Describe the following theories of object recognition

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3.Describe the following theories of object recognition, and explain the advantages and disadvantages of each:Object Recognition- Researchers have proposed many different theories of object recognition.otemplate matching theory– According to one early theory, your visual system compares a stimulus with a set of templates, or specific patterns that you have stored in memory. Then it notes which template matches the stimulus.Advantages– Simple explanationDisadvantagesHowever, every day you manage to recognize letters that differ substantially from the classic version of a letter, especially in handwritten text. oyou can recognize each of those letters, even if you view the letters from a different perspectiveThe template approach fares even worse in recognizing the more complex objects that occupy your visual world. Perception requires a more flexible system than matching a pattern against a specific template ofeature-analysis modelsa visual stimulus is composed of a small number of characteristics or components.Each visual characteristic is called a distinctive featureoEx.how feature-analysis theorists might explain the way that we recognize letters of the alphabet. They argue that we store a list of distinctive features for each letter. the distinctive features for the letter R include a curved component, a vertical line, and a diagonal line. When you look at a new letter, your visual system notes the presence or absence of the various features.It then compares this list with the features stored in memory for each letter of the alphabet. People’s handwriting may differ, but each of their printed R’s will include these three features. oAdvantages – More sophisticated than template matching theorya relatively flexible approachConsistent with the psychological research by Eleanor Gibson as well as Larsen & Bundesen The feature-analysis theories are also compatible with evidence from neuroscience oThe research team of Hubel and Wieselfocused on the primary visual cortex of anesthetized animals oThey presented a simple visual stimulus—such as a vertical bar of light—directly in front of each animal’s eyes.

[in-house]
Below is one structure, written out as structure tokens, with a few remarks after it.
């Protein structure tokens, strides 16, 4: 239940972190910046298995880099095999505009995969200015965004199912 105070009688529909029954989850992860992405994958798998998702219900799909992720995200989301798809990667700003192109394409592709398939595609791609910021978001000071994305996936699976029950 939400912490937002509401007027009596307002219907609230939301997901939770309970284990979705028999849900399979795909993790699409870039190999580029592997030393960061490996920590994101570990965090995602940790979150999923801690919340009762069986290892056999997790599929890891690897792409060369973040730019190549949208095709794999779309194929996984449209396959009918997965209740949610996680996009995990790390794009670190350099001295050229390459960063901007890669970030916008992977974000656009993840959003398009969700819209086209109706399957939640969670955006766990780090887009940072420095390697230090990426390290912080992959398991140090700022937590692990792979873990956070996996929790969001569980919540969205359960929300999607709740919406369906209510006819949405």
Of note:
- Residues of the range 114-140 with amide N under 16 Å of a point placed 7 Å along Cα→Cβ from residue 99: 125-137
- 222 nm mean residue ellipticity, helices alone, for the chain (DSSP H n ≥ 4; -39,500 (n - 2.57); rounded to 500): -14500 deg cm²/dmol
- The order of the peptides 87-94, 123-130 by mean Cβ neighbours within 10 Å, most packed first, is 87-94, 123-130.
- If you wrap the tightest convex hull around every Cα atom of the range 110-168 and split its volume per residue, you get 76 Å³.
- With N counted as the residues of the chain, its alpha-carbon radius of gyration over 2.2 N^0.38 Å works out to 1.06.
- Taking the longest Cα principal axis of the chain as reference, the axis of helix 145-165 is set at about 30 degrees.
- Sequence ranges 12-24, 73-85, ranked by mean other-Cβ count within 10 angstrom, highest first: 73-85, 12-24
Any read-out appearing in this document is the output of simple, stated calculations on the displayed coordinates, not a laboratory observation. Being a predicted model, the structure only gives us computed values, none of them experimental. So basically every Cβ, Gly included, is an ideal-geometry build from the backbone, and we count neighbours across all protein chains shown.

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oHubel and Wiesel then recorded how a particular neuron in the primary visual cortex responded to that visual stimulus. They continued to test how a variety ofneurons in this region of the cortex responded to visual stimuli. oHubel and Wiesel’s results showed that each neuron responded especially vigorously when the bar was presented to a specific retinal region and when the bar had a particular orientation.oFor example, suppose that a bar of light is presented to a particular location on the animal’s retina. One specific neuron might respond strongly when the bar has a vertical orientation. oAnother neuron, just a hairbreadth away within the visual cortex, might respondmost vigorously when the bar is rotated about 10 degrees from the vertical. oThe visual system contains feature detectors that are present when we are borno

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